The Paradox of FeedbackPosted at October 3, 2011
“I would maintain that thanks are the highest form of thought, and that gratitude is happiness doubled by wonder.”
- G. K. Chesterton
You’ve gotta have thick skin to receive anonymous feedback. And if you are actually sending out a survey, seeking out anonymous feedback, you might as well get your armor on. Not that all feedback is negative, of course. But from behind the veil of anonymity, your customers, attenders, members, or employees are liable to say just about anything without regard for your feelings or ego.
Most of them do it out of a genuine desire to get better service from you. Some are simply looking to throw a few grenades.
Time for Some Honesty
We just wrapped up a 10-day survey of our customers, seeking not just their feedback but also their input on our future development plans for SiteOrganic. We’re still digesting all of the feedback, but we’re pleased to report that it was overwhelmingly positive! We love our clients, and it appears that the feeling is mutual.
Our sample size is modest–about 135 churches responded. Within that group, however, we had some interesting/confusing paradoxes. For example:
- 78% answered that the amount we communicate with our clients is “exactly enough”, yet 44.6% were not aware that we have a blog. We mention our blog (and reference its articles) on Twitter, in our newsletter, and in the videos we send to our clients. This either means that folks aren’t paying attention, or perhaps some of our stuff is getting lost in their junk folders.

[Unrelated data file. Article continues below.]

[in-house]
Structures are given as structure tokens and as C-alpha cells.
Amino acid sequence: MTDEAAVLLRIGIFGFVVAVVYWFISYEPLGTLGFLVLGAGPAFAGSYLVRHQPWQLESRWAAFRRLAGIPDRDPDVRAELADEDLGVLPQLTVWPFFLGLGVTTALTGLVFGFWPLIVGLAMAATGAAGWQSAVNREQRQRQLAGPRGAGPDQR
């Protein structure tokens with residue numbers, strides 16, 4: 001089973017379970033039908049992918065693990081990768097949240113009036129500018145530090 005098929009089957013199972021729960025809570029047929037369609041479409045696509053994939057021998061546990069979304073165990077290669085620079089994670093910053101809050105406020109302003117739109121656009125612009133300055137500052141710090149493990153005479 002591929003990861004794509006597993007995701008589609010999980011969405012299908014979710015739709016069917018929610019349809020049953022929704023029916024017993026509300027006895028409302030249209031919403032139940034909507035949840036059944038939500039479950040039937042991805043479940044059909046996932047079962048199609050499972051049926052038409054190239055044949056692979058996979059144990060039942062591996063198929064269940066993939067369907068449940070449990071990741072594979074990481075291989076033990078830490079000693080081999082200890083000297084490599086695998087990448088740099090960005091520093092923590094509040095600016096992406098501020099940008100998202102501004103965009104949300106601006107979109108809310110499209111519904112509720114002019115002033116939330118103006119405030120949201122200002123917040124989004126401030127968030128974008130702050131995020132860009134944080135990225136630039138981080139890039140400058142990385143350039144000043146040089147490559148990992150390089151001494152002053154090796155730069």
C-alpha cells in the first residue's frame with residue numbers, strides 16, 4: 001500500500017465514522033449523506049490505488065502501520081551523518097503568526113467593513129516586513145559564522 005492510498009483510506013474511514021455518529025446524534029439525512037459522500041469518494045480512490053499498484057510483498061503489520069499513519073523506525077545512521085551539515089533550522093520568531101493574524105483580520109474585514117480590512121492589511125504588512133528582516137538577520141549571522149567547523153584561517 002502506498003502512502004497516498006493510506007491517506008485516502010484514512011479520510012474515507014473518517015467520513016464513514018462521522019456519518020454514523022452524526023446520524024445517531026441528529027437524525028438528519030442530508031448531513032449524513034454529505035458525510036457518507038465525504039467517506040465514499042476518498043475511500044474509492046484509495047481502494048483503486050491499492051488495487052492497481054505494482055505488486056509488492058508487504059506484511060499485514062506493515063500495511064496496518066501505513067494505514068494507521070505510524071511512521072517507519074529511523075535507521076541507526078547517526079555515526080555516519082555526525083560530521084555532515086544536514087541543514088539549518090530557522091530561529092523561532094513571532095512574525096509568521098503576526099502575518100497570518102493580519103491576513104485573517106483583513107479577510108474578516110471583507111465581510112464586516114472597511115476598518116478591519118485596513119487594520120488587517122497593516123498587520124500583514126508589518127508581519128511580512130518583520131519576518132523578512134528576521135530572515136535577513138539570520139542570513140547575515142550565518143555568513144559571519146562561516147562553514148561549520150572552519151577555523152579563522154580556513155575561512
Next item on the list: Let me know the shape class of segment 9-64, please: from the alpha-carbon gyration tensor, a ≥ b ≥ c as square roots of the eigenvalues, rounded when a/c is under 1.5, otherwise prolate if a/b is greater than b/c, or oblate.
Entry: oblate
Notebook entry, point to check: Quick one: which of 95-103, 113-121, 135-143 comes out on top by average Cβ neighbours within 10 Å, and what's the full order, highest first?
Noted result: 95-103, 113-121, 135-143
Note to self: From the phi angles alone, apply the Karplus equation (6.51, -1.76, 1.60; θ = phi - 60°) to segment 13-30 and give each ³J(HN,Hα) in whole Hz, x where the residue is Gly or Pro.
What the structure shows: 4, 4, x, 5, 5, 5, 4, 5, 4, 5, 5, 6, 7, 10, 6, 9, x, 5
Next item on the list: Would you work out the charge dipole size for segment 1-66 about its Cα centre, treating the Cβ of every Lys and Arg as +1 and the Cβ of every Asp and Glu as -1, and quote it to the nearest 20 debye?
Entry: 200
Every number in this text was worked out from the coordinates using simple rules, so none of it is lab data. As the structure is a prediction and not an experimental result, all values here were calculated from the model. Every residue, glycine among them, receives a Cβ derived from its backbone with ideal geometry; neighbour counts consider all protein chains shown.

- Vastly different opinions on service quality, even though we work hard to provide the same excellent service to each client. For example, a handful (fewer than 5%) of commenters characterized service as “slow”, while a slightly higher percentage raved about SiteOrganic service being the best in the industry. Could these two comments possibly be describing the same company:
“I have no complaints. Responsiveness has been great. I can’t imagine it getting any better unless you never let your people sleep Keep up the great work.”
“I’ve never had such slow response time from a company.”
We even had one person tell us that we “never listen to survey answers” and we “obviously don’t care” what our customers think. Further down the survey, when asked if we could contact this individual about his or her survey responses, the answer was “no.” Oops! We did anyway.
Clearly we are most interested in areas where we can improve. (Any organization not constantly looking to improve has begun its descent into mediocrity.) So, we take all comments seriously, even if they can at times be polar opposites, amusing, or both!
Have you taken feedback surveys in your organization? If so, have you experienced similar, seemingly irreconcilable differences in the response?